The sculpture is made quite like the most basic start one could make of a building and with the animal parts being prioritised with importance in its initial construction. It is the foundations of what would eventually become a fully walled and secured building. A place to retreat to with these superstitious ideas people cling on to to protect themselves. The horse’s hoof in Zulu folklore should be placed above the door to absorb your nightmares. The tray contains Donkey fat which in Zulu folklore should be spread under the home to protect the place. The horse’s skull would be incorporated into the building of a house in British folklore to bring good luck and the cat skeleton is present as cats were also bricked into the walls alive to ward off evil spirits.

Fragile in its construction, the work also acts as a metaphor for the human mind and its paranoia’s and how we hold onto certain superstitious idiosyncrasies that can litter, distort and even destabilise it.

Medic, 2015. Black and white digital photograph. 37×59 cm’s.

In British folklore, the donkey has been understood as being holy, due to its involvement in the transportation of Mary and Jesus to the site of his birth. People believed that the Donkey possessed medicinal powers and so they would pass their children around the animal (usually circled around the animal’s midsection) and this would be repeated for the appropriate number of rotations depending on the illness that needed curing.

Your son’s misfortune, 2014. Graphite on cartridge paper. 29x21cm’s.

The animal that is drawn here carrying a load of scribbled mass upon its back is a called a Tenrec and they live in Madagascar. The Malagasy people have strong superstitions and there is much varying folklore (fady) from region to region based around the animal kingdom on this huge island.

In the South of the Island, local people believe that if a father wishes to rid his son of an illnesses, that cannot be cured by a doctor, then he must capture a large Tenrec. Then the Tenrec is to be taken to a sacred Baobab tree and tied to it with a piece of string. He must then pray to the tree for the safe recovery of his son and then untie and release the Tenrec. The animal is believed to then return to the undergrowth and out of sight, taking the negative problems of the boy with it.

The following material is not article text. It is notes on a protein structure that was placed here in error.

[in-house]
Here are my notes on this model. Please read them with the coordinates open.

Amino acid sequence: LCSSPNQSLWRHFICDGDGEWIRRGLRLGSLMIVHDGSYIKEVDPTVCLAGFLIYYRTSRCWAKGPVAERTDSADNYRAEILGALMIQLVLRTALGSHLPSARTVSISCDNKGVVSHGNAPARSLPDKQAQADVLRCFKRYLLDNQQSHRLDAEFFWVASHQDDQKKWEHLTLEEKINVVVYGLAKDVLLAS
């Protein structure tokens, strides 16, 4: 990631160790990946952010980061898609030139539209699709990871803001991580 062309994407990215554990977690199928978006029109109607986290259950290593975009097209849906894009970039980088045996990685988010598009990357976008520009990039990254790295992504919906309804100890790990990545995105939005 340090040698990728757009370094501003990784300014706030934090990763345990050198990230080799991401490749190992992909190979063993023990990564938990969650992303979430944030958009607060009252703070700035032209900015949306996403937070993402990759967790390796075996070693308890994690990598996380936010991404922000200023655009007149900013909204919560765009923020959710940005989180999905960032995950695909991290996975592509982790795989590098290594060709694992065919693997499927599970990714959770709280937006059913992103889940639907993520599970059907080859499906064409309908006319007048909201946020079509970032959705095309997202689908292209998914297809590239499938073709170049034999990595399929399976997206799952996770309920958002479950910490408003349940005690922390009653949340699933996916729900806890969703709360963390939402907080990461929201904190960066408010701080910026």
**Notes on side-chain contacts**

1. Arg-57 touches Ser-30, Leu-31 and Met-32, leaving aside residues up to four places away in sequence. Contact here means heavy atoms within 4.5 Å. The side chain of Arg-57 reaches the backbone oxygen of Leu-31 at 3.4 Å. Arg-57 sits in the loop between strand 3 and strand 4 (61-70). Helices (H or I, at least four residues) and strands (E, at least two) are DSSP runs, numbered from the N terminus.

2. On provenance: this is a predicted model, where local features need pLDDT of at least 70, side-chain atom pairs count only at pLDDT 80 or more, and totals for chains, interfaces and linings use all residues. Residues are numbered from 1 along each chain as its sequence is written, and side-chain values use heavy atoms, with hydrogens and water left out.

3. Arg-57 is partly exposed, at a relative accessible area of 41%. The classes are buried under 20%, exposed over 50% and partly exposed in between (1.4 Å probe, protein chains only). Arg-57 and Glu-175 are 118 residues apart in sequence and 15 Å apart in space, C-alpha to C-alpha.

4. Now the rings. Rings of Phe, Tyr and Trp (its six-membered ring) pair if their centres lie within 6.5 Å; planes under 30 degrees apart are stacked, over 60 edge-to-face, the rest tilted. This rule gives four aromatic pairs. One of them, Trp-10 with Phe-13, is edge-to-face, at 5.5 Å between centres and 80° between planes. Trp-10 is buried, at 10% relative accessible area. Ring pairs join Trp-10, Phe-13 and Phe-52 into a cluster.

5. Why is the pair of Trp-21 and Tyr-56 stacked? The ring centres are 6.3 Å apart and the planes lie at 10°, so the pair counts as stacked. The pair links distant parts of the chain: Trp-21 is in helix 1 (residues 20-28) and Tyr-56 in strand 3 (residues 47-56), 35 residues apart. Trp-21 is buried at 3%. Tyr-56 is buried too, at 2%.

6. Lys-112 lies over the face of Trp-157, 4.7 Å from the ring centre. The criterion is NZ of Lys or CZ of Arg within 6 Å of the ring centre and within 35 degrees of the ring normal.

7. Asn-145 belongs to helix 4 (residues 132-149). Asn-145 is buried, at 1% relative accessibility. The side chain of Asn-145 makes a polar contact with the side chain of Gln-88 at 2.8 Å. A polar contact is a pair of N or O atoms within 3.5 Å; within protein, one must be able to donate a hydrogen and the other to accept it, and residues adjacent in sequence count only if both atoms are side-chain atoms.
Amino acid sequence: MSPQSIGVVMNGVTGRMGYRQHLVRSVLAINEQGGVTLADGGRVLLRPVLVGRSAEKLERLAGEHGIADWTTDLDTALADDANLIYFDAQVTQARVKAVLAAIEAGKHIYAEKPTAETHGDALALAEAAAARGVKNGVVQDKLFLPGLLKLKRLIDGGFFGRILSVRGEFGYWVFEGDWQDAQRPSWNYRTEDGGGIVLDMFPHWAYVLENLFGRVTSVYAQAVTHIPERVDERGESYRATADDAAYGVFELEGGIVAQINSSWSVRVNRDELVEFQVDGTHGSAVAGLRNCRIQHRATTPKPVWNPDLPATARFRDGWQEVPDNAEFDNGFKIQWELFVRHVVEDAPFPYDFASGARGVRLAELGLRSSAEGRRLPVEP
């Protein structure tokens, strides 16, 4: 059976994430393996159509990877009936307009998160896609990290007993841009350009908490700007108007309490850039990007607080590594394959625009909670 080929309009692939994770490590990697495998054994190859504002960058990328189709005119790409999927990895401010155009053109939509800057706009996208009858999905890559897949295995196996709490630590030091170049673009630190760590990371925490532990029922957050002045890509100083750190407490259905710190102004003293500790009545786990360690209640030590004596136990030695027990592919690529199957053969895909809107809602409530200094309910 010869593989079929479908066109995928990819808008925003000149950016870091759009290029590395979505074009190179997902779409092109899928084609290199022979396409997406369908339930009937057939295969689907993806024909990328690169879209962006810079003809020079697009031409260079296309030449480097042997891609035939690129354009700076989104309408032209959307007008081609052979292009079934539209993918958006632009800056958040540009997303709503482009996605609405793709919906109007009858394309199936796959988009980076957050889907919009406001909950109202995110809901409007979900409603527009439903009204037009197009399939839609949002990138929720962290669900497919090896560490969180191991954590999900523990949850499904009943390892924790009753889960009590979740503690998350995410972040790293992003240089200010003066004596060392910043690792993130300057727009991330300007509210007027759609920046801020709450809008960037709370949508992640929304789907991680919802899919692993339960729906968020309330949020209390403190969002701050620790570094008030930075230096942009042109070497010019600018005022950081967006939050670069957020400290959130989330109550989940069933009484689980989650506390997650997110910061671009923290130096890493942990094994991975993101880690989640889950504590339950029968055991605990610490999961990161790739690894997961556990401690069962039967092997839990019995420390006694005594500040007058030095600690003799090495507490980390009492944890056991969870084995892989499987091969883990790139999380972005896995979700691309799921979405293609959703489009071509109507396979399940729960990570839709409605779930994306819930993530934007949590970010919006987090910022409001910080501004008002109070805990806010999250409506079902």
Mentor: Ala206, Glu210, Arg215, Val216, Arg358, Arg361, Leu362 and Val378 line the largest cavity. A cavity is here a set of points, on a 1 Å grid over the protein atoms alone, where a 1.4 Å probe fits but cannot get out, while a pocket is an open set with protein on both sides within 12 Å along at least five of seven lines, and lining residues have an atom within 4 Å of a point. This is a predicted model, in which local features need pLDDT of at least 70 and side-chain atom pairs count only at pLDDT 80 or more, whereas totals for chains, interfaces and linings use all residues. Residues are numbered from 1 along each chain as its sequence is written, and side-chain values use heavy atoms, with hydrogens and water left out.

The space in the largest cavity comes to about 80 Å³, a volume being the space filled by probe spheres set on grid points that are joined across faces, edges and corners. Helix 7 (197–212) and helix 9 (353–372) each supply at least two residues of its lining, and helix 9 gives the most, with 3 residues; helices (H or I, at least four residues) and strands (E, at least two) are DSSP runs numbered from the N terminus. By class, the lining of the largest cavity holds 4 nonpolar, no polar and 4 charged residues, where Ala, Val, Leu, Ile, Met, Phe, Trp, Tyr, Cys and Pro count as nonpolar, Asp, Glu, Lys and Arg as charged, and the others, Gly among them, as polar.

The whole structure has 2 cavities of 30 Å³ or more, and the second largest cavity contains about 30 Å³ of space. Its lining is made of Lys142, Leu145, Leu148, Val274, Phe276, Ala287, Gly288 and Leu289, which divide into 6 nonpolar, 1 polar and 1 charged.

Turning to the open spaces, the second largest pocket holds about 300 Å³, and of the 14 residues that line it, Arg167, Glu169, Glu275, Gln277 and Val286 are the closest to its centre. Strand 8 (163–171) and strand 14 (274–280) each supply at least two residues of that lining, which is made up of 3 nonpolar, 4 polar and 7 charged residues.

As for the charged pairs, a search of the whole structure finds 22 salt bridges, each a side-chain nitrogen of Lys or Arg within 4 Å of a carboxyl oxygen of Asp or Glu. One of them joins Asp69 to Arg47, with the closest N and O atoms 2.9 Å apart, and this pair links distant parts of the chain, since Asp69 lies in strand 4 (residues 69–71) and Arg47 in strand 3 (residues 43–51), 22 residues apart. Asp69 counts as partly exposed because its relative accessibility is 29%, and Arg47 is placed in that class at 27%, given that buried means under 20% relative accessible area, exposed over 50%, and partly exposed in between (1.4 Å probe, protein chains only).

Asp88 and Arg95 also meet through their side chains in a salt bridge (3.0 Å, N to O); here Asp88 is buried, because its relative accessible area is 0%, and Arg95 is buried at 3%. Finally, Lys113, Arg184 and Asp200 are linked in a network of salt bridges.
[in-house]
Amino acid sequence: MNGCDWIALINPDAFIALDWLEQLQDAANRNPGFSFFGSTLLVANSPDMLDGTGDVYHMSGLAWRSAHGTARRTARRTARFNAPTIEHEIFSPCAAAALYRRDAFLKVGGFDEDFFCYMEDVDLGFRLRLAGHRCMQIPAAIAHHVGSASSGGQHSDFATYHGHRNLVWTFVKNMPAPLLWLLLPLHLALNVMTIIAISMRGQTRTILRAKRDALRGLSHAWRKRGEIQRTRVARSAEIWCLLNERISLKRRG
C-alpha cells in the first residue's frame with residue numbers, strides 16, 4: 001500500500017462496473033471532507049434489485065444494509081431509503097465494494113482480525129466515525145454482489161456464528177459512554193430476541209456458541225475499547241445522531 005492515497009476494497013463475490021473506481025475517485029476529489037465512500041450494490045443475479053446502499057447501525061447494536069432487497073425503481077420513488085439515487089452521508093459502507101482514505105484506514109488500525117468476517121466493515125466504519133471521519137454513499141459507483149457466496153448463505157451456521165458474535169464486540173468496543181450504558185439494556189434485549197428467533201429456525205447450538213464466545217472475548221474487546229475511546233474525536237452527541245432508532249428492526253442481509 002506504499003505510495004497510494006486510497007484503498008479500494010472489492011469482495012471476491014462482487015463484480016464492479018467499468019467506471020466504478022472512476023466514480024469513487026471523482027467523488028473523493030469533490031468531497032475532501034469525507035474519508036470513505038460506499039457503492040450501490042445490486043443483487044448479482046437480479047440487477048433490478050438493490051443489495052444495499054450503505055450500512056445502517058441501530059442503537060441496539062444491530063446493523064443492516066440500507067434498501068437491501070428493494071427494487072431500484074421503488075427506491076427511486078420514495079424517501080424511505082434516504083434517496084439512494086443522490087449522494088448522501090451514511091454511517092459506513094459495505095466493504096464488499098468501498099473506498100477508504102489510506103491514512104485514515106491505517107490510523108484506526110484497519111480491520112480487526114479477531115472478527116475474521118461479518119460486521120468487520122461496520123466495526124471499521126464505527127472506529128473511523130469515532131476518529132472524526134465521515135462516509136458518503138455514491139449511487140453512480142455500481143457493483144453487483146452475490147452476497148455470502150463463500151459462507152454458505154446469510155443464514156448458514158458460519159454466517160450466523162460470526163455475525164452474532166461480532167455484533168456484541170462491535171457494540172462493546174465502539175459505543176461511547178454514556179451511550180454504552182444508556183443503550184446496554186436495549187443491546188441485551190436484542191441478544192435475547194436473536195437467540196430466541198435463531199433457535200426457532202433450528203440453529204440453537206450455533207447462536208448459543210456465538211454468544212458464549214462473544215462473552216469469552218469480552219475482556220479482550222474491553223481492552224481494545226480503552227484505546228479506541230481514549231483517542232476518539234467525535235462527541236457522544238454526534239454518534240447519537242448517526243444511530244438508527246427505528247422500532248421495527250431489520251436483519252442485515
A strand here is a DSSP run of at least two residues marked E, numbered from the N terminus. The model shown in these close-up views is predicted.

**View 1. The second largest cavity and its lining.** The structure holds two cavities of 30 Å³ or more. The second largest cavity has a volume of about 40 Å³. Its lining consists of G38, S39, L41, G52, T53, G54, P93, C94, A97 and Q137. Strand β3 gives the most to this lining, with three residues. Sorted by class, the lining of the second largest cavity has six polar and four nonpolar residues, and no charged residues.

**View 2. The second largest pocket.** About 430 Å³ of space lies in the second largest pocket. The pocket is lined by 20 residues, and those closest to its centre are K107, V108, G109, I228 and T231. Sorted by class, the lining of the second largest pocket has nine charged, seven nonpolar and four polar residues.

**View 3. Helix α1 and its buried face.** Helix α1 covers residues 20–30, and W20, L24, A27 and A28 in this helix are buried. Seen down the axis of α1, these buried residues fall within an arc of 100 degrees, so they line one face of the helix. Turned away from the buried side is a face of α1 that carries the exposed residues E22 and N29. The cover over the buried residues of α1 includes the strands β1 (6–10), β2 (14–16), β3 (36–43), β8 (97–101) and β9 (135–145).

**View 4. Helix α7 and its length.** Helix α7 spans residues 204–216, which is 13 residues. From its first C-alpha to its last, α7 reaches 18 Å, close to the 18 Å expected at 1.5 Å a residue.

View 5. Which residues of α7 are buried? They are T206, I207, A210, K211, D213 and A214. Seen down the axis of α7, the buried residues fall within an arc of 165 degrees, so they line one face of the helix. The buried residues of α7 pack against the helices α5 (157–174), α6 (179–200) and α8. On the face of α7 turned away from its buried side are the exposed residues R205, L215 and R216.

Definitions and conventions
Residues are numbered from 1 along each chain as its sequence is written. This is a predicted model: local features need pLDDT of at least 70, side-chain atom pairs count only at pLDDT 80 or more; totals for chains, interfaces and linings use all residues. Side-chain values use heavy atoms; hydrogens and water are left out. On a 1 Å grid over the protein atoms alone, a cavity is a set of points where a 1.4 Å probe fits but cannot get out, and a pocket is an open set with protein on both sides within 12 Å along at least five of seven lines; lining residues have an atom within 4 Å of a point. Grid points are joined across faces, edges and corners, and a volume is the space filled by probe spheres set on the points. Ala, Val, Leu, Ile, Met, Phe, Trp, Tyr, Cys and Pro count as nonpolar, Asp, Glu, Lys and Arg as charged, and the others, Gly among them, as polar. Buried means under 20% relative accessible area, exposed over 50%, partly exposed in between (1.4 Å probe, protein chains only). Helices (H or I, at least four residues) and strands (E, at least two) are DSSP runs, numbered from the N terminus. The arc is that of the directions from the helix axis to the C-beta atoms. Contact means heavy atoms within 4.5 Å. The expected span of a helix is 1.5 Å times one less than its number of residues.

What interested me about this fady was why this particular animal had earned this association in Malagasy folklore and whether it is to do with its spiny appearance. I am interested in the set of actions required here and the involvement of the Baobab tree with the idea of a transfer of energy from man to a tree and then to an animal.

Death chart: Zebu, 2014. Colouring pencil on paper. 29×21 cm’s.

Death chart: Fowl, 2014.Colouring pencil on paper.  29×21 cm’s.

The cattle and fowl shown on these drawings are important livestock to the people of Madagascar and to the average Malagasy person they hold significant financial value. The animals have been coloured in here to show the particular colour variations of these cattle which are deemed unlucky in Malagasy superstitions with the reasoning written below each one. These animals would all be killed straight away if born with one of these colourations and this would be quite a severe loss to the owner. Despite the extreme poverty in Madagascar and need for food and money, superstitions (fady) are so closely held on to with often with higher importance than wealth.

Banded Mongoose, 2016. Graphite and ink on paper. 28×19.5 cm’s.

Eurasian Shrew, 2016. Graphite and ink on paper. 28×19.5 cm’s.

Vervet Monkey 2016. Graphite and ink on paper. 28×19.5 cm’s.

Eurasian Hedgehog, 2016. Graphite and ink on paper. 28×19.5 cm’s.

The four drawings of individual animals are chosen from folklore in the UK and from South Africa. These animals in folklore would be killed and then their body parts would be used or discarded in varying ways for different reasons. The reasons for this are printed very faintly above and below the drawing to work like subliminal texts that explain how people would use and look at these animals.